Audiobook Review: The Brink by James S. Murray with Darren Wearmouth
I received a review copy from the publisher. This does not affect the contents of my review and all opinions are my own.
Mogsy’s Rating (Overall): 3 of 5 stars
Genre: Science Fiction, Horror
Series: Book 2 of Awakened
Publisher: HarperAudio (June 18, 2019)
Length: 8 hrs and 3 mins
Narrator: James S. Murray
The Brink by James S. Murray and Darren Wearmouth is the sequel to the supernatural horror-thriller Awakened, which introduced a terrifying threat to the world in the form of an ancient breed of subterranean monsters. Compared to the first book, it is even edgier, bloodier, crazier—and fun for what it’s worth. At times the story gets to be so over the top it’s hard to take seriously, but as long as you go into the novel knowing what to expect, it has great potential to be an enjoyable summer popcorn read.
Picking things up following the events at the end of Awakened, The Brink follows now former New York City mayor Tom Cafferty who has become a changed man ever since surviving the horrors of the subway tunnels beneath the Hudson River. The encounter with the monsters has made him realize that humanity is under threat, and that New York isn’t the only place these bloodthirsty creatures have established a stronghold. All across the globe, they have been planning in their underground nests, preparing and growing stronger for the day they will finally conquer the sun and reclaim the world from humans.
One clandestine organization has known about these creatures for generations, and they been completely devoted to the goal of eradicating them from the planet. However, far from being altruistic, the head of this organization, a fanatical megalomaniac named Van Ness, is trying to hold the leaders of major countries hostage, demanding billions in payment for the knowledge on how to fight the creatures. Needless to say, the United States with its position on never negotiating with terrorists will have none of it, but Van Ness also holds all the cards, threatening the president with large-scale destruction and millions of Americans dead unless he gets what he wants. With their hands tied, the US government must put their trust in Cafferty and his team to infiltrate Van Ness’ organization which is situated in the heart one of the largest creature nests in the world, and pray that they put a stop to his plans before it is too late.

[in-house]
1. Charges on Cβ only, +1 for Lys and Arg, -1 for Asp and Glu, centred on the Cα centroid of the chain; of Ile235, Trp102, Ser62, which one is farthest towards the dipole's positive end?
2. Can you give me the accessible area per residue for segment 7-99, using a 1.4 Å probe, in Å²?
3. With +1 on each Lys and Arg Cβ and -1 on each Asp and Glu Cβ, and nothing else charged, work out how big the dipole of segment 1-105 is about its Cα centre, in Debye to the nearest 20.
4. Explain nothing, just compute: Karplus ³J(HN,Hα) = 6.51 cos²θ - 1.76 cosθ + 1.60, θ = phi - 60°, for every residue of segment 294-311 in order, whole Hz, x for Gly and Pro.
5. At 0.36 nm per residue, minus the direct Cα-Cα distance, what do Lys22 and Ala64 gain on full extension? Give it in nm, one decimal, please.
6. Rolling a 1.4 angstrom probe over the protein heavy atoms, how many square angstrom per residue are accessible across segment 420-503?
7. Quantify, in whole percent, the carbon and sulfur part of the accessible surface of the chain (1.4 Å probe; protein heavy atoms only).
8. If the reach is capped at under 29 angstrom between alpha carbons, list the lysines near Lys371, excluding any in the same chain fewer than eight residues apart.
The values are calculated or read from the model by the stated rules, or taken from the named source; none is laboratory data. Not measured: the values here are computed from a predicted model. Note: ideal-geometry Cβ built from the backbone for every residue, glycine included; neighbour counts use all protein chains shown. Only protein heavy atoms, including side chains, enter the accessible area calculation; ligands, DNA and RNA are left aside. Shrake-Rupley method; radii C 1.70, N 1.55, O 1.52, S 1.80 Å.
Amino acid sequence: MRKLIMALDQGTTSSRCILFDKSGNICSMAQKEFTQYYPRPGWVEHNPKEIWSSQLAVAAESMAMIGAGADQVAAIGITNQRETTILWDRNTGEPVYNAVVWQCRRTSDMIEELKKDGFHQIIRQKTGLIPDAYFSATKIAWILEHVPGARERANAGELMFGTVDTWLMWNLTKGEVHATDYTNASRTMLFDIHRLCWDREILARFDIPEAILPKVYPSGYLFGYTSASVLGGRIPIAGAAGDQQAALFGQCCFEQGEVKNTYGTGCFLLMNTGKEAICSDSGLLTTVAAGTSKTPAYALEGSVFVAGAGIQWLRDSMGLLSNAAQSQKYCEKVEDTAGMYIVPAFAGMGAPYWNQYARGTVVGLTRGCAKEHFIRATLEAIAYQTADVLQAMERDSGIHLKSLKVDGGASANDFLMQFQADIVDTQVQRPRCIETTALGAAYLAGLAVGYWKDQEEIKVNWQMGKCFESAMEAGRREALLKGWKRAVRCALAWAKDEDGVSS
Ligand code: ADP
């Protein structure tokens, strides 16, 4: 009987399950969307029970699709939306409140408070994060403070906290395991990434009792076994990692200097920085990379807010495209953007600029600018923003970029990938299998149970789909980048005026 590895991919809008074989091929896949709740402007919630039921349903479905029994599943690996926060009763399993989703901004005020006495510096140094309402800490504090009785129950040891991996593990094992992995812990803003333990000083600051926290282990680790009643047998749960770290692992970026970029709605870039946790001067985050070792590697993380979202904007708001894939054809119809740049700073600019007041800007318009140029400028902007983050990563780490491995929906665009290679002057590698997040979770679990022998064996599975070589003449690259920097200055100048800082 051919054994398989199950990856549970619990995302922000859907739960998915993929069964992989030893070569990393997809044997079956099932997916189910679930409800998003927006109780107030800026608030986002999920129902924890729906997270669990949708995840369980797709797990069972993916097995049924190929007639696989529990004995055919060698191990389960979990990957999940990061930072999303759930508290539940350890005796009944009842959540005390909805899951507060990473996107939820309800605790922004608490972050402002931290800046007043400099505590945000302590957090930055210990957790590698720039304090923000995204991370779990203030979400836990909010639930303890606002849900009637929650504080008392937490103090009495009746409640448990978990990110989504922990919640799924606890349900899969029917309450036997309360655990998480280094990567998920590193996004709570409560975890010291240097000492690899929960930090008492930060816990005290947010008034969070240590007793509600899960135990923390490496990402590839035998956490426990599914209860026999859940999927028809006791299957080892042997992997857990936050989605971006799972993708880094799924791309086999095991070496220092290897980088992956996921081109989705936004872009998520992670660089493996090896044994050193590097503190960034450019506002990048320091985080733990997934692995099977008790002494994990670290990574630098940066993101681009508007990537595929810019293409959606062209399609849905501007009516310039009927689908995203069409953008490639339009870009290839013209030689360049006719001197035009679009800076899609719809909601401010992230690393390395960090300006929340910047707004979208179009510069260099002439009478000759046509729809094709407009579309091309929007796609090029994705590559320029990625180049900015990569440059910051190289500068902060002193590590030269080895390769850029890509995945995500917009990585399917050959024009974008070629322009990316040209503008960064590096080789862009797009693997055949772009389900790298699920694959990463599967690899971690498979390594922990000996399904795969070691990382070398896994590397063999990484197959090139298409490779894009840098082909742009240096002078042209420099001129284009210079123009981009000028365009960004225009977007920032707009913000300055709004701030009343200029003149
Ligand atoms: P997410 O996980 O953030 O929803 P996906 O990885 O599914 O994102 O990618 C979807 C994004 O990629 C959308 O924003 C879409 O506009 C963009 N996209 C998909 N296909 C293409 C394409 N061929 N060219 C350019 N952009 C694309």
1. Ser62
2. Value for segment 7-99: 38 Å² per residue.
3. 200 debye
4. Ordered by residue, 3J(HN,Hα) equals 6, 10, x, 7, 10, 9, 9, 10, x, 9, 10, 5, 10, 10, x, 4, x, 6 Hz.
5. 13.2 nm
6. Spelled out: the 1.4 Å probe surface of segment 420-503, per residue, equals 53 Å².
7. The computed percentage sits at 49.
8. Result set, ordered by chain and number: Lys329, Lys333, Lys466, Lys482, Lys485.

From Awakened to The Brink, there’s a noticeable effort to raise the stakes as well as a definite shift from a creepy and oppressive atmosphere to a flat-out action-horror thriller complete with a completely exaggerated Bond villain-type bad guy and a death toll in the millions. The authors are no longer keeping the monsters a localized threat in the subway tunnels beneath the city of New York; they’re taking things global and showing just how badly the human race is screwed. These creatures, now that they’ve been revealed, are also featured much more prominently in this sequel, and from the descriptions of their physical appearance and behavior, it’s obvious they are heavily influenced by the Alien franchise. In fact, I all but pictured them as the xenomorphs in my mind—not that it’s such bad thing, mind you, considering how terrified I was of those movies growing up. Still, I have to say I missed some of the more irresistible horror elements from the first book, including the claustrophobic mood and edge-of-your-seat suspense. It’s like the authors made a conscious decision not to waste time with the subtleties in this follow-up, turning up the campiness and blood-and-gore instead.
For one thing, we have a villain who’s so over-the-top evil and extreme he comes across as a goofy caricature. Shockingly, the creatures in The Brink aren’t the scariest thing in the novel, for that distinction belongs to Van Ness. The man is pure crazy. As the son a Nazi soldier, he’s hell bent on bringing back the Third Reich, but only after he has purged the world of the monsters and “impure” races so that civilization can start over. He also has no qualms about turning the entire planet into a nuclear wasteland in order to bring his vision about. The man operates out of a state-of-the-art underground lair with the monsters he claims to hate so much, protected by his unquestioning minions and billions of dollars’ worth in high-tech lasers, I kid you not. And of course, we mustn’t forget his pet peeve for naughty language, because all cheesy villains need an eccentric quirk.
At the end of the day, it’s hard to take The Brink too seriously, which is a shame because the first book really knocked it out of the park with regards to striking a balance between hair-raising horror and irreverent campy entertainment. Murray and Wearmouth carried things a bit too far in the latter direction this time, a shift that threw me off somewhat, I confess. Still, if you’re looking for a fun creature feature-type read and don’t mind if things get a little (okay, a lot) farfetched, give it a shot for your beach reading list this summer.
Audiobook Comments: Once again, I had the pleasure of listening to James “Murr” Murray narrate his own book, which definitely added an extra dimension of immersion since no one knows the story better. I think some of his accents could have been better, but overall his voice work was superb and it’s clear his theater and television experience has served him well.
More on The BiblioSanctum:
Review of Awakened (Book 1)